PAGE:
Facebook still won't fact-check political ads on its platform but instead says it is taking steps to make political advertisements on its platform more transparent, the company outlined in a blog post Thursday morning. Facebook also said it is adding features to allow users to control how many political and social issue ads they see
The updated policy "is an important step in making political ads more transparent and advertisers more accountable," Facebook's Director of Product Management Rob Leathern wrote in the blog post.
Facebook shares were rising 1.0% to $217.33 on Thursday late morning.
Specifically, Facebook is updating its Ad Library, a public archive that allows users to see all advertisements politicians and campaigns place on any users' account. Facebook first launched its Ad Library in May of 2018, the month when GDPR (General Data Protection Regulation) went into effect in the EU. GDPR mandates what disclosures tech and data companies must make about data harvesting and ad targeting with users and also gives users the option to either accept the practice or stop usage of their information.
Facebook said it has recently communicated with experts and political bodies, who have stressed that users want clarity on which advertisers are trying to influence their voting decisions and they want better control over which ads they see.
Here are some of the changes Facebook is making:
- "We are adding ranges for Potential Reach, which is the estimated target audience size for each political, electoral or social issue ad so you can see how many people an advertiser wanted to reach with every ad."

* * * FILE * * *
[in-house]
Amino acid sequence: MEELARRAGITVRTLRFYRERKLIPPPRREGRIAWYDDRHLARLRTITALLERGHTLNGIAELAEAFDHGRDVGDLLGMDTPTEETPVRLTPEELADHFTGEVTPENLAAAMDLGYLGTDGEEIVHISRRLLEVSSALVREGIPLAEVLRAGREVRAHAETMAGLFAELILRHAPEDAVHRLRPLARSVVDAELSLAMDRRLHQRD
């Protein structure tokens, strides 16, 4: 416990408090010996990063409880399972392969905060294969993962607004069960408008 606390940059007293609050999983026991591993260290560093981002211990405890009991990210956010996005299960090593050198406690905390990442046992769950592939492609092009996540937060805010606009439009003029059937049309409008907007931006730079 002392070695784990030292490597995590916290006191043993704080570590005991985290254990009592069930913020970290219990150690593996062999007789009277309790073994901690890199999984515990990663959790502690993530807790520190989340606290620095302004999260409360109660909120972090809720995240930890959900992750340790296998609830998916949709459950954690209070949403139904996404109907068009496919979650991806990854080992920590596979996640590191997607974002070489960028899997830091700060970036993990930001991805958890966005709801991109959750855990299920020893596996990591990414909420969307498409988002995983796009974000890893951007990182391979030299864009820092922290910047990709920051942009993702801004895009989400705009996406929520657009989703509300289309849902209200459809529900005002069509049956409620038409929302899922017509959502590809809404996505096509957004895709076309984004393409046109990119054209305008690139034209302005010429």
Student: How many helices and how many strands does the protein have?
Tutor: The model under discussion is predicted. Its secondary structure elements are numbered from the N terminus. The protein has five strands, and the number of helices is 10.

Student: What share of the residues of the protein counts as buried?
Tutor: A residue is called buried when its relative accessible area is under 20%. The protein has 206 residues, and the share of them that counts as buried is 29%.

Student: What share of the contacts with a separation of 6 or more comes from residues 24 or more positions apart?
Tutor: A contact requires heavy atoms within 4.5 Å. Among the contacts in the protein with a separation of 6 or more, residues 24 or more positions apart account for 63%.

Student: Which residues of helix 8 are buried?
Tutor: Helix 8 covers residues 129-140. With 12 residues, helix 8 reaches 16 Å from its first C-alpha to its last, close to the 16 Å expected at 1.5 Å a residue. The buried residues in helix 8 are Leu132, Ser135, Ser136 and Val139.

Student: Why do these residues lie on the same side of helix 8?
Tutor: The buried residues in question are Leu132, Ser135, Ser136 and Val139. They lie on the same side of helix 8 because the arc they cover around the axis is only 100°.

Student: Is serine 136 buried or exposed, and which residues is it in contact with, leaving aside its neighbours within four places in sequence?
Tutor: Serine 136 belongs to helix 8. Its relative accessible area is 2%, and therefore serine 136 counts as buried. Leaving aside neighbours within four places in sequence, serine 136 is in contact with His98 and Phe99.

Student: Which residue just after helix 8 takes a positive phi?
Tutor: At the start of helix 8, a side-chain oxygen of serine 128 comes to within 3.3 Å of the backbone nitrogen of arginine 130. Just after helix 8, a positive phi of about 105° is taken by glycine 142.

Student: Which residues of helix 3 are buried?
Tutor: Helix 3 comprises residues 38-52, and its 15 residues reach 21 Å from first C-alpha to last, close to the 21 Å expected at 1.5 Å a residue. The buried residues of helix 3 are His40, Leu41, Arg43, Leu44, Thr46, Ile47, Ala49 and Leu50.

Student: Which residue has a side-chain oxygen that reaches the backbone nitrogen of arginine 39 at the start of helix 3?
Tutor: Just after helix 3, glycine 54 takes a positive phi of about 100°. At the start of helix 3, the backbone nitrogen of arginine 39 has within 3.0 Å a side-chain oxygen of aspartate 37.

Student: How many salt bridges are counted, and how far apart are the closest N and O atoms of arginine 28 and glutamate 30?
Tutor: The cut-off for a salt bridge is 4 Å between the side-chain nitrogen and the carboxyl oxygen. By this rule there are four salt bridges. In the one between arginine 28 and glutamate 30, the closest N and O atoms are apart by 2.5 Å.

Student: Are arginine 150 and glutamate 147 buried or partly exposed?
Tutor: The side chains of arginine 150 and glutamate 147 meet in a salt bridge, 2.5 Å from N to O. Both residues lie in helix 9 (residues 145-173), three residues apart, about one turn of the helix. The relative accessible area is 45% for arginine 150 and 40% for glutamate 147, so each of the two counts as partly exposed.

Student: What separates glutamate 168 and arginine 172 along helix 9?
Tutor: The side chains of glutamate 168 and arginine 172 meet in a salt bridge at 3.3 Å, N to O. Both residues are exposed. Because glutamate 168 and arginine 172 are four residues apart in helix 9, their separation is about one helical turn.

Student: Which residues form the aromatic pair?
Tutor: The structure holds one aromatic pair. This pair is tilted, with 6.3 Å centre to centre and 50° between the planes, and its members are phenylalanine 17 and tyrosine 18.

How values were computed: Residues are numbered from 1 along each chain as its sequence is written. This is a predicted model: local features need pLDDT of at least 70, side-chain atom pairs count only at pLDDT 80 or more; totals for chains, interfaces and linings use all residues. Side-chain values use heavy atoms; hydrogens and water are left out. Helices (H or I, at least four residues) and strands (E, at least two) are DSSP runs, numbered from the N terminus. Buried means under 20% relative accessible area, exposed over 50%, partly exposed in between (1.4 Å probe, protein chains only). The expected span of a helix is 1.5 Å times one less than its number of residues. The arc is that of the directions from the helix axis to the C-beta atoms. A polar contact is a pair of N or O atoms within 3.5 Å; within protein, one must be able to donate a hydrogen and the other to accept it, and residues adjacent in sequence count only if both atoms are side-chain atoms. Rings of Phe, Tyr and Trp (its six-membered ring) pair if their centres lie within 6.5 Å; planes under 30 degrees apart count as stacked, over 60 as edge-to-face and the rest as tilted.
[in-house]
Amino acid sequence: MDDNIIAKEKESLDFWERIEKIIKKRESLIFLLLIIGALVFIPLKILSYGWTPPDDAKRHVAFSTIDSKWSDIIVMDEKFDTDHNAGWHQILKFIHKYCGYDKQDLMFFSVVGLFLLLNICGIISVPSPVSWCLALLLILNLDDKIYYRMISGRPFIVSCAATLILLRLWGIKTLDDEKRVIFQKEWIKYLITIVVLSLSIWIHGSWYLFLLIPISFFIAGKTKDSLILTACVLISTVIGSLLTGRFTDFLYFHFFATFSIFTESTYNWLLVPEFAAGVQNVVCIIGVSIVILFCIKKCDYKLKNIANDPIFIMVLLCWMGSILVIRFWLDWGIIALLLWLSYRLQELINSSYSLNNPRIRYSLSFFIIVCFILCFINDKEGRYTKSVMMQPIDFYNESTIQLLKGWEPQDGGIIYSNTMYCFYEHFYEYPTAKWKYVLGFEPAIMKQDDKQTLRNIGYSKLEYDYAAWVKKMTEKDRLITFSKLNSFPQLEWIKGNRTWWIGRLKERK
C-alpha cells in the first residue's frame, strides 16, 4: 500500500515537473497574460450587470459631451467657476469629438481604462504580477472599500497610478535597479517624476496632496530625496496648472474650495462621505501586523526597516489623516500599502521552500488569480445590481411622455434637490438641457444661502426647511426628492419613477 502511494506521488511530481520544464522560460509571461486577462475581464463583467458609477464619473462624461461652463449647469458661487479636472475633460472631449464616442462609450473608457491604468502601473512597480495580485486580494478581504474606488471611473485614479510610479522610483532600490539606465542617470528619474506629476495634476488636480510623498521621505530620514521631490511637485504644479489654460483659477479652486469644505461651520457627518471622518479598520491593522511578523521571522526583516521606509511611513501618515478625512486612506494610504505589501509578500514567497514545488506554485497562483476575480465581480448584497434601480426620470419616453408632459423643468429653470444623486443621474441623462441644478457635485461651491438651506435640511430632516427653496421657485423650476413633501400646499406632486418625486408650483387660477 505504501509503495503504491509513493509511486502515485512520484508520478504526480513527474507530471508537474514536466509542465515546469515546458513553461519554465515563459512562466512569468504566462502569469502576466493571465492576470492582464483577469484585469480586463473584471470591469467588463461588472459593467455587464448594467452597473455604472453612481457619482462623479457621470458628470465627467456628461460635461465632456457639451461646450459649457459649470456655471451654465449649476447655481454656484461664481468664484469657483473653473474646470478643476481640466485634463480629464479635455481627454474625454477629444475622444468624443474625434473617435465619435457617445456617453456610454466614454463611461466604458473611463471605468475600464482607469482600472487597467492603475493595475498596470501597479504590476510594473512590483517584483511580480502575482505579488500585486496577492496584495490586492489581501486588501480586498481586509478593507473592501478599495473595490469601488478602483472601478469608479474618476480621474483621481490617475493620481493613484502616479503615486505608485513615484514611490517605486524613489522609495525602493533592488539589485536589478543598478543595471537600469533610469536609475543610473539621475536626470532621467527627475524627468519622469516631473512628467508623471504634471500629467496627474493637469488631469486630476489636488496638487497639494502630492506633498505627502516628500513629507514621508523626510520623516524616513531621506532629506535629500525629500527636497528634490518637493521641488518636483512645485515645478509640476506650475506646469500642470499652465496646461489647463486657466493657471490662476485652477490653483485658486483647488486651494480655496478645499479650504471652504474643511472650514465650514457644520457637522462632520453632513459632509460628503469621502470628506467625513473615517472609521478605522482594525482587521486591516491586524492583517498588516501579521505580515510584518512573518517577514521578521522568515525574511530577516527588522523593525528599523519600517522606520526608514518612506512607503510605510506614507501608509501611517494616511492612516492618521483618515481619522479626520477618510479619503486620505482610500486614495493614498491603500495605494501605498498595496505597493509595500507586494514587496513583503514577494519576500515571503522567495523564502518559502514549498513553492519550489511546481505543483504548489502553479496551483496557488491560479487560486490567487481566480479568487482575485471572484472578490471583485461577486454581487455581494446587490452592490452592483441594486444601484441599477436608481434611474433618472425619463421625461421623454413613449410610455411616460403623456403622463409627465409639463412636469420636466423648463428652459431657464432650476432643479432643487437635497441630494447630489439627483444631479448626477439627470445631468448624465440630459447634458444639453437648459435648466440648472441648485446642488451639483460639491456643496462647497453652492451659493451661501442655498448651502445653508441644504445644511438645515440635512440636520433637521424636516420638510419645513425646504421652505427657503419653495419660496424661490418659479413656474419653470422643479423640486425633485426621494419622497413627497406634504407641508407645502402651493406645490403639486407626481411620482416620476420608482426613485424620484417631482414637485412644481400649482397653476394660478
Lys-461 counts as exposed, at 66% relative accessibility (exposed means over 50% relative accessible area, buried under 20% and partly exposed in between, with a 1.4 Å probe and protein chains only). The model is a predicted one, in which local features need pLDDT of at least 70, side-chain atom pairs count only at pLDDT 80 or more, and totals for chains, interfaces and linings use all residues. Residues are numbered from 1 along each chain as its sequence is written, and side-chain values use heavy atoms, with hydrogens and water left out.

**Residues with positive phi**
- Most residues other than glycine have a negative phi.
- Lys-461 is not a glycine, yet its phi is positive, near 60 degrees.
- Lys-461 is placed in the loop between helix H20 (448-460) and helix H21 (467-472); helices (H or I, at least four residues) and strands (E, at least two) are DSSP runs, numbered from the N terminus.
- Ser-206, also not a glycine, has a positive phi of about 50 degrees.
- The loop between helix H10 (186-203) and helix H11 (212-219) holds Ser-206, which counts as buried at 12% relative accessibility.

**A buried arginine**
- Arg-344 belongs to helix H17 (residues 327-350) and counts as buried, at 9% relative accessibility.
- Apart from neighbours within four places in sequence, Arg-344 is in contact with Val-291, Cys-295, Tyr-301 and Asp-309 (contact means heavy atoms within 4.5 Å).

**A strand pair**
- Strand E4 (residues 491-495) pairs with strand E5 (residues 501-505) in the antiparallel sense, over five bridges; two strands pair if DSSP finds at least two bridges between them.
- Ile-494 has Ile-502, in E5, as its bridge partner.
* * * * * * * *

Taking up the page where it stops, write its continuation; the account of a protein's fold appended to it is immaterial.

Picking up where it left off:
- "We are adding the ability to search for ads with exact phrases, better grouping of similar ads, and adding several new filters to better analyze results — e.g. audience size, dates and regions reached."
- "Seeing fewer political and social issue ads is a common request we hear from people. That’s why we plan to add a new control that will allow people to see fewer political and social issue ads on Facebook and Instagram."
- "Later this month we will begin rolling out a control to let people choose how an advertiser can reach them with a Custom Audience from a list."
Leathern acknowledged that Twitter (TWTR) - Get Report has banned political ads while Google (GOOGL) - Get Report has chosen to limit the targeting of political ads in response to concerns about inaccurate claims, but said Facebook has taken a different approach.
“We have based our [policy] on the principle that people should be able to hear from those who wish to lead them, warts and all, and that what they say should be scrutinized and debated in public,” Leathern wrote.
He noted that political ads still must abide by Facebook’s community standards with respect to things such as hate speech, harmful content and content designed to intimidate voters or stop them from voting. “We regularly disallow ads from politicians that break our rules,” Leathern wrote.
Facebook's policy tweaks come as the company being scrutinized by Congress on everything from its handling of political ads in 2016 to data privacy to anti-trust questions arising from Facebook and Google's dominance of the digital advertising market.
Analysts largely doubt any regulation will soon be materially damaging to tech companies' earnings. Some analysts note that some of the presidential candidates' anti-tech positions could act as an overhang on Facebook's stock, but that Facebook will also see some additional revenue from political ads in the coming year.